WASHINGTON (Reuters) – The U.S. Treasury Department has targeted the leader of a Libyan militia with sanctions for directing attacks on oil facilities in the country, it said in a statement on Wednesday.
Ibrahim Jathran damaged peace and stability in Libya by overseeing forces that attacked Libyan oil facilities in the “oil crescent,” a lucrative target for rogue militias and criminals, the department said.
It said the militia had caused many fatalities in Libya this year.
“Jathran’s repeated militia attacks on Libya’s oil facilities have done colossal damage to its economy and robbed the Libyan people of billions of dollars in oil revenue,” said Sigal Mandelker, Treasury undersecretary for terrorism and financial intelligence.
She said Jathran’s attacks have affected Libyan oil exports since 2013.
Forces led by Jathran violently attacked and seized control of the Libyan oil ports Ras Lanuf and Al Sidra in June, the department said, costing Libya more than $1.4 billion in revenue and setting back efforts to promote political progress and stability.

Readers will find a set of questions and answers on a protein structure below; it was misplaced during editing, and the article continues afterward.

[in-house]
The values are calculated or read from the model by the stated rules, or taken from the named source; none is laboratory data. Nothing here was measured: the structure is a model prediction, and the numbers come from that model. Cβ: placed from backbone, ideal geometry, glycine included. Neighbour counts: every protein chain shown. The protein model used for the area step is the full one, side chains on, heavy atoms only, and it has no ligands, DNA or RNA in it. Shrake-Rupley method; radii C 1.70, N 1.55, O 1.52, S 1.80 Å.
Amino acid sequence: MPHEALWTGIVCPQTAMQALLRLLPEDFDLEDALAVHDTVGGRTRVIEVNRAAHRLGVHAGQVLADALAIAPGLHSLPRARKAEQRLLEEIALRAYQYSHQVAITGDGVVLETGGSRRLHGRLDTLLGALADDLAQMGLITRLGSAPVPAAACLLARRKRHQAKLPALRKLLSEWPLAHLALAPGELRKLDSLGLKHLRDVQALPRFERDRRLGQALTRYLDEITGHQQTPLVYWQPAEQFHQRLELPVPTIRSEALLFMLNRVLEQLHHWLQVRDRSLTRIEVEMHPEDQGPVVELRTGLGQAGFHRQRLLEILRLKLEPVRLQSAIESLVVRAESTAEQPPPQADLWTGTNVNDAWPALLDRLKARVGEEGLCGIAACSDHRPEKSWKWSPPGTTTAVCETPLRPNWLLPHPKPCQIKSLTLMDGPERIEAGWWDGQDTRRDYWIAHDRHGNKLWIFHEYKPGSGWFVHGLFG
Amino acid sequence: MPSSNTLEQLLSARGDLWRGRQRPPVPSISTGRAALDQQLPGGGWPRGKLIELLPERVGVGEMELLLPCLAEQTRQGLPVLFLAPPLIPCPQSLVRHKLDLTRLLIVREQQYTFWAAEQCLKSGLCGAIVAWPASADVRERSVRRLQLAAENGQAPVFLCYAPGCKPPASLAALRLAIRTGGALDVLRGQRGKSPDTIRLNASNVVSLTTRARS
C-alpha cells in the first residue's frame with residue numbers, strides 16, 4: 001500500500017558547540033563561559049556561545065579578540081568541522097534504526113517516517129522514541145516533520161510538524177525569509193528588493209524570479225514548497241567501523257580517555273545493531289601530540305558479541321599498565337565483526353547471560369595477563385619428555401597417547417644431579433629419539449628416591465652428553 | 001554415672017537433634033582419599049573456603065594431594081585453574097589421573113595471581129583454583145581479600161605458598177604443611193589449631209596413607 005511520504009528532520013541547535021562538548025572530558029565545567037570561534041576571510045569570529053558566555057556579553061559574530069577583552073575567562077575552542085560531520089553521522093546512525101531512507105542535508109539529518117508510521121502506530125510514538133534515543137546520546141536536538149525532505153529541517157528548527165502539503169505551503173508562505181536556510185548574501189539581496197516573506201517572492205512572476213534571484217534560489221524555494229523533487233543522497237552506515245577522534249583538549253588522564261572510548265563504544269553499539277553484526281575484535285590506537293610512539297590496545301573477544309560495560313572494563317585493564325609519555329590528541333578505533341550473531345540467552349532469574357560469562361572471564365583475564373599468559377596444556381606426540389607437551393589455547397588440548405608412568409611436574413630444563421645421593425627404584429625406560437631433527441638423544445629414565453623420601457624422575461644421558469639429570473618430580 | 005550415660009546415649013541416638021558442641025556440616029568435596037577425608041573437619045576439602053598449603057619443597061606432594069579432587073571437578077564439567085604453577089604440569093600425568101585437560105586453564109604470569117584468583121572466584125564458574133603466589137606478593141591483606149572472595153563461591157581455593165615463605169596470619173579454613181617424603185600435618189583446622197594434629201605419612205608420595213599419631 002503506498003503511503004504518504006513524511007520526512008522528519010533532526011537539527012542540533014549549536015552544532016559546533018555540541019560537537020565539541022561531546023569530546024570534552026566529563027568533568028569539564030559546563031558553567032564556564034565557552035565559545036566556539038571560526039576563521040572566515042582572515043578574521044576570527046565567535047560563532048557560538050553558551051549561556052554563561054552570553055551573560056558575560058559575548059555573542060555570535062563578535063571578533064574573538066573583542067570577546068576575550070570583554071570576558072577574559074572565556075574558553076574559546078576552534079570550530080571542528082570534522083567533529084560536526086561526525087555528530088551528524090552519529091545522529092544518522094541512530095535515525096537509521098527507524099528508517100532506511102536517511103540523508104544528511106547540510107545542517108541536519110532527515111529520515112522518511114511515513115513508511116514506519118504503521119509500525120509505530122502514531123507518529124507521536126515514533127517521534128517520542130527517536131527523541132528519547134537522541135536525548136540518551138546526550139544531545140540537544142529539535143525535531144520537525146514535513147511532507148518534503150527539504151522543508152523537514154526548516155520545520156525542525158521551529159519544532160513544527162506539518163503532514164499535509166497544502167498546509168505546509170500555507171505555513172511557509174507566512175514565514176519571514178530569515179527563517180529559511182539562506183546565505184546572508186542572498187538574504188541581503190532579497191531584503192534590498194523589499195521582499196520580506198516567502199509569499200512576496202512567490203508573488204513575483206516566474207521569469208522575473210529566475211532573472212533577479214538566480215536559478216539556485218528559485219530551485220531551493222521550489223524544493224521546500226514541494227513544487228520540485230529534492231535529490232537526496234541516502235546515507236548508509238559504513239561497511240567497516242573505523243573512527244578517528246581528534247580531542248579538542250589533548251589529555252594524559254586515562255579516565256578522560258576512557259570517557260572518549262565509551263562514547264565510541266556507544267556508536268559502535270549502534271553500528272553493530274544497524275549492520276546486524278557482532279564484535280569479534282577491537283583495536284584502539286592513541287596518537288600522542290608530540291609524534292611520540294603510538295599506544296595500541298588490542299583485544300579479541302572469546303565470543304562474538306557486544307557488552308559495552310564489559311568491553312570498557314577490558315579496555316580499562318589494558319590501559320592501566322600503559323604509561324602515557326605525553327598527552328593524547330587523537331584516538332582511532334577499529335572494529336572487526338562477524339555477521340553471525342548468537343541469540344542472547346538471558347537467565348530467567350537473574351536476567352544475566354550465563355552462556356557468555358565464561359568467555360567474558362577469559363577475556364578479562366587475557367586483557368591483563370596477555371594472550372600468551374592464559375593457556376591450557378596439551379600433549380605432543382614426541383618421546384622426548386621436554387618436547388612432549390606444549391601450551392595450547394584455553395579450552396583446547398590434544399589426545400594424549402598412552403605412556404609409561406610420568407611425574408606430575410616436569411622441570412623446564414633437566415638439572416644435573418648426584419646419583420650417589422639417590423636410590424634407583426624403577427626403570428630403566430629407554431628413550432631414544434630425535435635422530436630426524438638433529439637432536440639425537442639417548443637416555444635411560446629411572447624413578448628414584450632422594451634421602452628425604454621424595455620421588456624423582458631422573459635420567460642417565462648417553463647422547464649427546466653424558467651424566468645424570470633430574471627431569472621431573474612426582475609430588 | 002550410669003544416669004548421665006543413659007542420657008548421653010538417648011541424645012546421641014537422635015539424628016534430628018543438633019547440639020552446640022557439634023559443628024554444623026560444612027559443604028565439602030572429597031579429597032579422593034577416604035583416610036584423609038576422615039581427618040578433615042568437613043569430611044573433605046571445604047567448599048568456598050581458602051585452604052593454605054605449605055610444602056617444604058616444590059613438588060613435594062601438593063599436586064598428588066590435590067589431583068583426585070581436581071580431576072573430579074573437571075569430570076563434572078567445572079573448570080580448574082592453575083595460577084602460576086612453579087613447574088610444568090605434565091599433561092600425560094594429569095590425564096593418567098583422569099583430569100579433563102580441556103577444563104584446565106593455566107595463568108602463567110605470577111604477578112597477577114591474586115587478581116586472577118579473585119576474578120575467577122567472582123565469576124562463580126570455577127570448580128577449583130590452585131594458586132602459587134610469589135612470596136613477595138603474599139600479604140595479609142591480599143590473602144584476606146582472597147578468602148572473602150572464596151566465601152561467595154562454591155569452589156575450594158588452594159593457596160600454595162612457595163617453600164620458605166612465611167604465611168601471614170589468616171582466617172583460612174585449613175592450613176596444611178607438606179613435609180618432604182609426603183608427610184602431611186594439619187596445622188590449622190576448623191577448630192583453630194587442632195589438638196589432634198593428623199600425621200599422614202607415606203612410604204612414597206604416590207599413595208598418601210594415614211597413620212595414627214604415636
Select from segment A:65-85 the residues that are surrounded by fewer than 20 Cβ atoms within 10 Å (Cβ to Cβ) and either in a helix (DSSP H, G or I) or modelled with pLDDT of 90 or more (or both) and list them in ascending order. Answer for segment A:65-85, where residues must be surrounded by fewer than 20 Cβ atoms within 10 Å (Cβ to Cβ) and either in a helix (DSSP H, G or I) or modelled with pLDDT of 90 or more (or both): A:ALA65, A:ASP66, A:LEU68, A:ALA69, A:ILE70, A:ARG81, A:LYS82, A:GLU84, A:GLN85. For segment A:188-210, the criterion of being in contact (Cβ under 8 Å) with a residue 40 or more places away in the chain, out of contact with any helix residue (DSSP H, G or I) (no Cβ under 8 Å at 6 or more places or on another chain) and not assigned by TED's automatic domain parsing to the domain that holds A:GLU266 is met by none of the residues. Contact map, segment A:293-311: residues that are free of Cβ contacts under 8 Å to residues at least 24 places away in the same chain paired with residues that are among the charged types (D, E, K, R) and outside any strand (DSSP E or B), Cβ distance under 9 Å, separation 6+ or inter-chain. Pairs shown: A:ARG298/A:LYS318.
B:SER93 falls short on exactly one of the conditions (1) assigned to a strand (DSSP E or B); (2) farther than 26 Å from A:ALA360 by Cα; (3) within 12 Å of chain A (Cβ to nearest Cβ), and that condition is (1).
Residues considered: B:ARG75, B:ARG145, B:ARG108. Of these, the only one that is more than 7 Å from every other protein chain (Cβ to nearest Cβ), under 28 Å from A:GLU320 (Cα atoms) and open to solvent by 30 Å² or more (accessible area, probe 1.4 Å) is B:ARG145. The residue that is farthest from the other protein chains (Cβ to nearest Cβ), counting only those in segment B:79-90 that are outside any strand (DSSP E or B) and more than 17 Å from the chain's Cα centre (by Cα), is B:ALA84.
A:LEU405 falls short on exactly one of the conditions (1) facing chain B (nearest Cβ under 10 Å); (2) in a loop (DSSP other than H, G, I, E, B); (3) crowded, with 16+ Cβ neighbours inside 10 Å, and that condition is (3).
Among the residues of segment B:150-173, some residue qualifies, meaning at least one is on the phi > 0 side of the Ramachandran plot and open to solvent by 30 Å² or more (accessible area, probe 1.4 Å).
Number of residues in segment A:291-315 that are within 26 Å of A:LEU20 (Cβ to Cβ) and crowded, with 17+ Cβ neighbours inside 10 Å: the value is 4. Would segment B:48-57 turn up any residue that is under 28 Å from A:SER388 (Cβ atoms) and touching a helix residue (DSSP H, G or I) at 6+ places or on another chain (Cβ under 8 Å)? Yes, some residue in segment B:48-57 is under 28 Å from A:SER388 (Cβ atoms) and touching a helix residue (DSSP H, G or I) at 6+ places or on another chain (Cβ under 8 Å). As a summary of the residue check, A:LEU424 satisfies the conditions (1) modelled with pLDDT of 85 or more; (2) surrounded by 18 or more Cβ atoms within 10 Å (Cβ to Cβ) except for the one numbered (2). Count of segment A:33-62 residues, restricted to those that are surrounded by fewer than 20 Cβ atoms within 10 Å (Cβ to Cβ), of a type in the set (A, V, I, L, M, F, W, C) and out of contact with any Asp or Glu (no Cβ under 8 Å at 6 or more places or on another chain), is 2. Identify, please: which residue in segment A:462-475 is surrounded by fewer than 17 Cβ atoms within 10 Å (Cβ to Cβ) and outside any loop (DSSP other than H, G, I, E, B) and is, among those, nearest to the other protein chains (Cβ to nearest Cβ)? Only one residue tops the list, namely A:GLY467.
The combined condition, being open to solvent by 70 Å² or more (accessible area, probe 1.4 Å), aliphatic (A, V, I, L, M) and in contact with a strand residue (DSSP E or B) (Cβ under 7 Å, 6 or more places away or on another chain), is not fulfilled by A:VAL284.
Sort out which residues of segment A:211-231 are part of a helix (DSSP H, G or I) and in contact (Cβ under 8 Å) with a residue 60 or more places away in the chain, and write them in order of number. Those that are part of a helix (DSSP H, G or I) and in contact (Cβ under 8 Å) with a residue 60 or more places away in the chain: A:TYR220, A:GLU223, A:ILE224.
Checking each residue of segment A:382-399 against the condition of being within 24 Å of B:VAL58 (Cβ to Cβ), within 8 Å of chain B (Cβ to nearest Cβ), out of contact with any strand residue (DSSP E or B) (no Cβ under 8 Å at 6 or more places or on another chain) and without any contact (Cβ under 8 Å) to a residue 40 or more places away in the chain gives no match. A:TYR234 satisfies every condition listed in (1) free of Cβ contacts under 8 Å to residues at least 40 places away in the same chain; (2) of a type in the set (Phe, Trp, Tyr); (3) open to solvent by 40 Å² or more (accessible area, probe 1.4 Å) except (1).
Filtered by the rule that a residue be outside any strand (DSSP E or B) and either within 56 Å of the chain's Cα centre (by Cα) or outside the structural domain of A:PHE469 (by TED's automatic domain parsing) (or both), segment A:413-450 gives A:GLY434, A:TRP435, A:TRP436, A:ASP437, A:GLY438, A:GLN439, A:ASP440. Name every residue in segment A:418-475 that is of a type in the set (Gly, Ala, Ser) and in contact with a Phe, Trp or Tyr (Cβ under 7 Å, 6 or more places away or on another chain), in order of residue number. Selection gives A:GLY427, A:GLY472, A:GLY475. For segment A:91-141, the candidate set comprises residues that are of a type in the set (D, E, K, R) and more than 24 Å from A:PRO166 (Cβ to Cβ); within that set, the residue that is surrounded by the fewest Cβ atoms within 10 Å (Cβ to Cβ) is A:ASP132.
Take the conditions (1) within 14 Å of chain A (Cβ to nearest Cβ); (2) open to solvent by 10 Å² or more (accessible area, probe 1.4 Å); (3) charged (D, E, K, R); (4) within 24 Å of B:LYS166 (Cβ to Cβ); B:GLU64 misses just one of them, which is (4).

The U.N. Security Council Libya sanctions committee blacklisted Jathran on Tuesday, subjecting him to a global asset freeze and travel ban.
Jathran is sought by judicial authorities in Tripoli for blockades of oil terminals and attempts to export oil independently.
Libya, which has been in turmoil since a 2011 uprising that toppled Muammar Gaddafi, has been divided between rival governments and military factions based in the east and west of the country since 2014, causing political deadlock and an economic crisis.
Armed groups regularly block oilfields to make demands. Several armed men attacked the headquarters of Libya’s National Oil Corporation in the capital Tripoli on Monday, killing at least two staff members, a security official said. No group immediately claimed responsibility for the attack.
Reporting by Doina Chiacu; Additional reporting by Michelle Nichols at the United Nations; Editing by Bernadette Baum